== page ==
Introducing LDAP C2 for C3


F-Secure are pleased to announce that C3 now supports C2 over LDAP, adding a much-needed internal channel to C3’s arsenal. 

C2 (Command & Control) over LDAP is not a new concept, and F-Secure's implementation has been built on top of fantastic research by others in the community[1][2].  Rather than re-invent the wheel, this post provides an actionable quick start guide to help you get up and running.


This post assumes you are familiar with C3 and already have a working deployment. If you don't, I'd suggest checking out our introduction to C3 here, which will walk you through the steps you need to deploy C3 in anger.

Quick Start

Once an initial foothold has been obtained using an alternative channel type, follow the steps below to use LDAP for internal C2. 

  • From an existing Gateway/Relay, select AddNegotiationChannelLDAP 
  • Fill in attributes: 
    • Data LDAP AttributeThe attribute used to send & receive packets. The default is mSMQSignCertificates as it doesn’t require special privileges to modify, is large (1MB), and is rarely ever set. Manually check that it is empty before using. 
    • Lock LDAP AttributeThe attribute used to track which channel the message in the Data LDAP Attribute is destined for. This is needed so that multiple relay instances can use the same account & attribute for C2, limiting the number of compromised accounts needed for lateral movement. Manually check that it is empty before using.  
    • Max Packet SizeThe maximum size of the packets that C3 should attempt to write to the given Data LDAP Attribute. This will be different if you change the Data LDAP Attribute above.
    • Domain ControllerBoth sides of the channel must communicate with the same domain controller, and therefore this can’t be determined programmatically. If different domain controllers are used, it can take 15 minutes for changes to propagate, impacting the channel’s performance. Must use the FQDN, for example DC1.FSECURE.COM. 
    • UsernameThe UPN of an account with permissions to modify the target user’s attributes (often the target user itself)Must be specified in UPN format, for example JAMES@FSECURE.COM. Defaults to the user executing the relay if left blank. 
    • PasswordThe password for the account with permissions to modify the target user’s attributes. Defaults to the user executing the relay if left blank.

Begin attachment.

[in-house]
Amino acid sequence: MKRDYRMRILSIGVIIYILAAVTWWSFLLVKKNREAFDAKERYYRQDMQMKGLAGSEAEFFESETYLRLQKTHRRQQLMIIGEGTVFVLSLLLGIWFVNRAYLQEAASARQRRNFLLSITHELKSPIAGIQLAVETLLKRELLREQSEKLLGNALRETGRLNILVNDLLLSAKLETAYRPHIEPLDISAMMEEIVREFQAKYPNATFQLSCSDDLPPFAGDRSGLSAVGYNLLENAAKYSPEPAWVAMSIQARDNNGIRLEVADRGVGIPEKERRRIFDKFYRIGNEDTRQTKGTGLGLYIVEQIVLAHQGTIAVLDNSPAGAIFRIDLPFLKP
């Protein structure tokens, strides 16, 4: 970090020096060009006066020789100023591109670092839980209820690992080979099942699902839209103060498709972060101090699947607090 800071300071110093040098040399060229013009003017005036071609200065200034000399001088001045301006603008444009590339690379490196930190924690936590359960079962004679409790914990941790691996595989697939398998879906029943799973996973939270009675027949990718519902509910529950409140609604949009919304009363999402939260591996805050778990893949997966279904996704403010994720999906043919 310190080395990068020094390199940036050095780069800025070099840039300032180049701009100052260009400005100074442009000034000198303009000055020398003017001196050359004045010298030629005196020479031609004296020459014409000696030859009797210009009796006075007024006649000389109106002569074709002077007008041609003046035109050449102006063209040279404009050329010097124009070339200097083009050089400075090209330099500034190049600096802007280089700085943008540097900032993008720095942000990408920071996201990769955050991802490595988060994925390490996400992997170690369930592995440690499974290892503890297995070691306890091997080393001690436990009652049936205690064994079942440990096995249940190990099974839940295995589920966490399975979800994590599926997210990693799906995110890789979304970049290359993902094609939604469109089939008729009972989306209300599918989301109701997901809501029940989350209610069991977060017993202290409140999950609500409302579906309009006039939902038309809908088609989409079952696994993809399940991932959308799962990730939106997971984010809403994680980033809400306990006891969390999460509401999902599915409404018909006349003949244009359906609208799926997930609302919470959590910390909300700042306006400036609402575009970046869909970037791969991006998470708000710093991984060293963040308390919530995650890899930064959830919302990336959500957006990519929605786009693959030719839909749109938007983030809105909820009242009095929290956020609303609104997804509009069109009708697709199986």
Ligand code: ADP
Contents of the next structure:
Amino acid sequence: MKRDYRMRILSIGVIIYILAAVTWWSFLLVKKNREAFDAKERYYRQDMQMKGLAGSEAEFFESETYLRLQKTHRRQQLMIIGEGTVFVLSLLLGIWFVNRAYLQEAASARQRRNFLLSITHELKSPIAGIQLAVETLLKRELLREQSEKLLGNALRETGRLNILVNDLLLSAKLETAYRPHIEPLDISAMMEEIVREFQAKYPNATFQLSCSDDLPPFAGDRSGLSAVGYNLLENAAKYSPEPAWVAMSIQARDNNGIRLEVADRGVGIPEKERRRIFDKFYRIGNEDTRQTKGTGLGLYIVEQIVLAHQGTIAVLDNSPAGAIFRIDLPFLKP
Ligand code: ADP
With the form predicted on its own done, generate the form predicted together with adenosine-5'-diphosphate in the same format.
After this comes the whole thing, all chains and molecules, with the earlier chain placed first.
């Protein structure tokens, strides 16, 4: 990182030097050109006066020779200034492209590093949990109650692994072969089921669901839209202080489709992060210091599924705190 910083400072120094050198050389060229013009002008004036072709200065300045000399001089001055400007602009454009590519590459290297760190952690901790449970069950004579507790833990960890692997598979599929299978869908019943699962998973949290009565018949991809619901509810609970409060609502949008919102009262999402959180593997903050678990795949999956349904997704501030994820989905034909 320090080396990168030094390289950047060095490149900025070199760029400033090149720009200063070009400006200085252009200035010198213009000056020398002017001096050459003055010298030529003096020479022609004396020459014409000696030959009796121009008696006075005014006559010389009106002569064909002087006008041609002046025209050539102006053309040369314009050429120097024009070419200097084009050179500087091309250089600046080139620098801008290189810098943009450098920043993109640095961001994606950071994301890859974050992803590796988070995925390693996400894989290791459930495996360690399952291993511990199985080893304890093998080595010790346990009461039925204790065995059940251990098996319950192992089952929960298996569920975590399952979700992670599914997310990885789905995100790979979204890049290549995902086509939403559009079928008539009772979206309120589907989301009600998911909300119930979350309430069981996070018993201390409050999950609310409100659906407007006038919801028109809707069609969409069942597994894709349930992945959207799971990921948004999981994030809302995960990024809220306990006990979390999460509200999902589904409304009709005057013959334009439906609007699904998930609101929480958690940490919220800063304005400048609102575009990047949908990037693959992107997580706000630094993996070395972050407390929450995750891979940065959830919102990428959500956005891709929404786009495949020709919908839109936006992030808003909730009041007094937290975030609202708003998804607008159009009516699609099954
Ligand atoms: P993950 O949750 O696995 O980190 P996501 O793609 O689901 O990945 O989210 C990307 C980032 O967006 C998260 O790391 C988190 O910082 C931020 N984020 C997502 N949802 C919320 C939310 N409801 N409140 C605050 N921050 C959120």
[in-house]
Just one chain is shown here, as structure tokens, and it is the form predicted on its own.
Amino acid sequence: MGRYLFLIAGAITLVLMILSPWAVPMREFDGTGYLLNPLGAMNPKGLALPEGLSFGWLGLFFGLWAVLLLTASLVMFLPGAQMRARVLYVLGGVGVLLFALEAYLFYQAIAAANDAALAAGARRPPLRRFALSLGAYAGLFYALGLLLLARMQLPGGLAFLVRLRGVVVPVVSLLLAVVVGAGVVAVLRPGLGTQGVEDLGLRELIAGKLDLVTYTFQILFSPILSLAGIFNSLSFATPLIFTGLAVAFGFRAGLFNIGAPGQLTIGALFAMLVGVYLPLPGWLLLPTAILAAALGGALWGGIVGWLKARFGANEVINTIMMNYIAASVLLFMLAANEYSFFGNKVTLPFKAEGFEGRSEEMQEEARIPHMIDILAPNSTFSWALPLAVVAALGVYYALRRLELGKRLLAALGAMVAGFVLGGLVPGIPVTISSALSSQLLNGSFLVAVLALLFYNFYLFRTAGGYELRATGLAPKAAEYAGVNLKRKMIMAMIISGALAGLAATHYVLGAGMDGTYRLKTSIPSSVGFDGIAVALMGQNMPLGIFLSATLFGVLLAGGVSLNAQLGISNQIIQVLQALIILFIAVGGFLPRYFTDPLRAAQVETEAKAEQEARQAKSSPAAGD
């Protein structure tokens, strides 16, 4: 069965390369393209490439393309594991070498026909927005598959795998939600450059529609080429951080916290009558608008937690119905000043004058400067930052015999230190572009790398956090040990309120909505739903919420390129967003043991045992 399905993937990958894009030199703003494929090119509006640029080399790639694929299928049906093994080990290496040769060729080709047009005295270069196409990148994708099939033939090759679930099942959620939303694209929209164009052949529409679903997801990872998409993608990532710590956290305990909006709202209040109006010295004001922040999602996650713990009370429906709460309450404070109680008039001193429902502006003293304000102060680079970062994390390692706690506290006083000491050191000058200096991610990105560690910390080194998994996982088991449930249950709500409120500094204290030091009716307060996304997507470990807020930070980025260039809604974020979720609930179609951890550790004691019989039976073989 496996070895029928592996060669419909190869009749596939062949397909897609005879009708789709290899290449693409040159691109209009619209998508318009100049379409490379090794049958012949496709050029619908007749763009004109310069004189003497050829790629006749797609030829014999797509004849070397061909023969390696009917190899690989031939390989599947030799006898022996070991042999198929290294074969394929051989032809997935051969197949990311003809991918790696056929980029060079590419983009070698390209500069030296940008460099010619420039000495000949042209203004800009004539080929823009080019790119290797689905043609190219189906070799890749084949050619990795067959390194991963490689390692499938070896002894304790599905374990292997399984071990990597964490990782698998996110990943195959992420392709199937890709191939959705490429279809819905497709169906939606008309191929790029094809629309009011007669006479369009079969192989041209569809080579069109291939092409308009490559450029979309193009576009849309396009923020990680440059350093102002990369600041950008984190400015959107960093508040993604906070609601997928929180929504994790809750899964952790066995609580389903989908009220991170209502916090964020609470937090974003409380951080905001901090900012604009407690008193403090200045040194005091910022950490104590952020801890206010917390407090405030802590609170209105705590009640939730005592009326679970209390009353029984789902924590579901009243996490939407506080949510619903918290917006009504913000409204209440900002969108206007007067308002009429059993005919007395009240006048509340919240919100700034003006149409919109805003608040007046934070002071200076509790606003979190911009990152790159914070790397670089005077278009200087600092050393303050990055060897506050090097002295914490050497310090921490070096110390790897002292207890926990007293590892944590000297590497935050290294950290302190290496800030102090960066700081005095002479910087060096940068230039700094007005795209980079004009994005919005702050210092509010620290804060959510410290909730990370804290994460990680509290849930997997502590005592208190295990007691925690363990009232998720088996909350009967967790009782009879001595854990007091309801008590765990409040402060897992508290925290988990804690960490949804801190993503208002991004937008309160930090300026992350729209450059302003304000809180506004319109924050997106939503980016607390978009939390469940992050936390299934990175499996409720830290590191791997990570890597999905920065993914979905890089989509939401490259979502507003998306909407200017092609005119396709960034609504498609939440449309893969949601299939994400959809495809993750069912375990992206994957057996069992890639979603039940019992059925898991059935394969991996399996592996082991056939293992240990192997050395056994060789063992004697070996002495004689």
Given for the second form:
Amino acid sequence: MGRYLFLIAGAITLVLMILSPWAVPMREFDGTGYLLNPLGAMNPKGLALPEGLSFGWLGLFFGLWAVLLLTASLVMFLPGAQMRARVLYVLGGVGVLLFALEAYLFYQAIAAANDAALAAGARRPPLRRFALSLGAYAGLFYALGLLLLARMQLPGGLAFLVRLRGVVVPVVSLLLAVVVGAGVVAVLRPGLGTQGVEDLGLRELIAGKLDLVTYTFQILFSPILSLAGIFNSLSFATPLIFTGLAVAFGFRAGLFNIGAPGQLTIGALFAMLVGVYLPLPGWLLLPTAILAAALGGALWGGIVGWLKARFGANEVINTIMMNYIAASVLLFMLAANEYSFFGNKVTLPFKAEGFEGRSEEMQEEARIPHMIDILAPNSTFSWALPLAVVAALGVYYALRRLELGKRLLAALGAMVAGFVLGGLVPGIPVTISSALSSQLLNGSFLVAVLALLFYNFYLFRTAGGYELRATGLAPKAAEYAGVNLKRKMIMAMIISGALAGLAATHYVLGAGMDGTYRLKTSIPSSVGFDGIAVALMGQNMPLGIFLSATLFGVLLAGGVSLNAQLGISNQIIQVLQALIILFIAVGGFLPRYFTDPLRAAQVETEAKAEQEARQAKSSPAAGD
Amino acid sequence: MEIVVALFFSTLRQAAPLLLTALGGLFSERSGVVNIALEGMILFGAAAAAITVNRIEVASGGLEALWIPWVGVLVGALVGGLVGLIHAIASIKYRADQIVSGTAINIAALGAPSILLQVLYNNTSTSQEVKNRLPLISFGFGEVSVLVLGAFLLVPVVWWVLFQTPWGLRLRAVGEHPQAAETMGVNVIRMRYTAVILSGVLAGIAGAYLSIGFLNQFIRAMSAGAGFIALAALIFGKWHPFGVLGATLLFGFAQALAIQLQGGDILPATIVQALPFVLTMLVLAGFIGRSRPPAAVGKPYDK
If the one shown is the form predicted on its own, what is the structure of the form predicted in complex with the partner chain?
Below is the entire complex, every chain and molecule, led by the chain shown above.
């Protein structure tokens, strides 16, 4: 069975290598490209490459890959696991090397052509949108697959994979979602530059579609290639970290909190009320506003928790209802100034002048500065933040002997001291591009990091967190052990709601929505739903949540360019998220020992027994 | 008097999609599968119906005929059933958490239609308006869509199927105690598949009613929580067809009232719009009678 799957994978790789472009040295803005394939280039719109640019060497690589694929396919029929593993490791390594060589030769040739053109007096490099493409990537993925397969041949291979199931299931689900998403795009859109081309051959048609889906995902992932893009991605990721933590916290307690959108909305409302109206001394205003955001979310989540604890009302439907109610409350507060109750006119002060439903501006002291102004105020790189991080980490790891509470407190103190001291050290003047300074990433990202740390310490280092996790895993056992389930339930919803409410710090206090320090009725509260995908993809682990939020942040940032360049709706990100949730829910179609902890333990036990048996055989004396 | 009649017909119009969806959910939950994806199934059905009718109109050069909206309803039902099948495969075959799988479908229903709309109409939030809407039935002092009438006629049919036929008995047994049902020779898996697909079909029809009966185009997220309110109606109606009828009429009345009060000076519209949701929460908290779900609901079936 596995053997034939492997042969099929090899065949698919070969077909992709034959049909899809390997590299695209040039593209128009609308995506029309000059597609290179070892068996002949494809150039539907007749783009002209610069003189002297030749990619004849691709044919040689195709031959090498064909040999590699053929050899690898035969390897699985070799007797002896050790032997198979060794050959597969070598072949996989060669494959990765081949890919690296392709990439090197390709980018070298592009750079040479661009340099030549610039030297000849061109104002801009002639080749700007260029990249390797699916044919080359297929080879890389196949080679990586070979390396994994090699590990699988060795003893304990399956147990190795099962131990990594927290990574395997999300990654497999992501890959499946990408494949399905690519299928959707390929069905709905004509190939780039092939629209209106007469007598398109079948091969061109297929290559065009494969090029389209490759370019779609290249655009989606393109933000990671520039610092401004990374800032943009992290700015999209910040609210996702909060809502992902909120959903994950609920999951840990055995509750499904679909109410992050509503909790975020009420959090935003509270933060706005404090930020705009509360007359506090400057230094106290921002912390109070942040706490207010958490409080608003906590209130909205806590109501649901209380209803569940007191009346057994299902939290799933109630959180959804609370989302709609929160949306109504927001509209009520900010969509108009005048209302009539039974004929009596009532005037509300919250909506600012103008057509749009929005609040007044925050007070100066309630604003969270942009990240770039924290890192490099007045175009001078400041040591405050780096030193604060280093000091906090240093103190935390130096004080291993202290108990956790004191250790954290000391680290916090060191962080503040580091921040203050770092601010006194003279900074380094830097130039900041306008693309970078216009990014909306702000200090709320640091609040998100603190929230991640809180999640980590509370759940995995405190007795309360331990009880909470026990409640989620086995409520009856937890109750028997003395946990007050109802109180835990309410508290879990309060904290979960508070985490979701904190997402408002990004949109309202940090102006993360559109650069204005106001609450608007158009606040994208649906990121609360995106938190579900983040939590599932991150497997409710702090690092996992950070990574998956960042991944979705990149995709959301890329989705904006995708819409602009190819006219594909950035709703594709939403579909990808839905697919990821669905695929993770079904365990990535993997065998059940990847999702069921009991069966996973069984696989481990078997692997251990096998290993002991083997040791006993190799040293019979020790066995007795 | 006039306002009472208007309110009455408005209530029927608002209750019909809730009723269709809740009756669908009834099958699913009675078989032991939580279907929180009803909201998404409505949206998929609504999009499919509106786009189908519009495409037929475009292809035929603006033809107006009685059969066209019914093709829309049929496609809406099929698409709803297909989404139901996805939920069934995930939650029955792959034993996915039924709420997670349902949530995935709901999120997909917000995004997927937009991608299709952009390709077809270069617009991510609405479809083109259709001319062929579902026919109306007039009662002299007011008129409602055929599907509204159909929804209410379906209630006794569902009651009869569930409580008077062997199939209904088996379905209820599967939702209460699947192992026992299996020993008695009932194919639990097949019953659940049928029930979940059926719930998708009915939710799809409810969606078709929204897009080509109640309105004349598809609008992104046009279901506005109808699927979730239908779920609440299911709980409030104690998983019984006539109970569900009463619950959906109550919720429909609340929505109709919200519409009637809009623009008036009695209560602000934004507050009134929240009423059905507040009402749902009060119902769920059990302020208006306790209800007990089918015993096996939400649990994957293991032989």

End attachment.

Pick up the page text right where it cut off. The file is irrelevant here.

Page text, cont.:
• User Distinguished NameThe user whose attributes should be changed. This is often the same user as above, however doesn’t need to be. Can’t be left blank, and must be in the DN format, for example CN=James,CN=Users,DC=fsecure,DC=com 
  • Click on Send Command to create the LDAP channel 
  • Double click on your newly-created Channel and select New RelayThe fields will be auto-populated to match what you selected during channel creation 
  • Click on Create and Download Relay
  • Run relay on target 


The video below shows initial channel creation using the credentials of an account which has the ability to modify the test.user’s attributes. To simulate a real scenario, initial access to the target network was achieved using an alternative channel type and this channel is being created to emulate lateral movement to a target internal machine.


To extend this scenario further, the video below shows an additional channel being created off of the original foothold, however this time omitting the username and password. This means both sides of the channel must be executed under the context of an account which has the privileges to the modify the attributes of the user specified by the User DN. 


Multiple relays can be operated using the same channel, meaning the same relay payload can be executed multiple times without needing to reconfigure the account/attributes that are modified. This would be particularly useful when using the payload in an internal phishing campaign or backdoored document.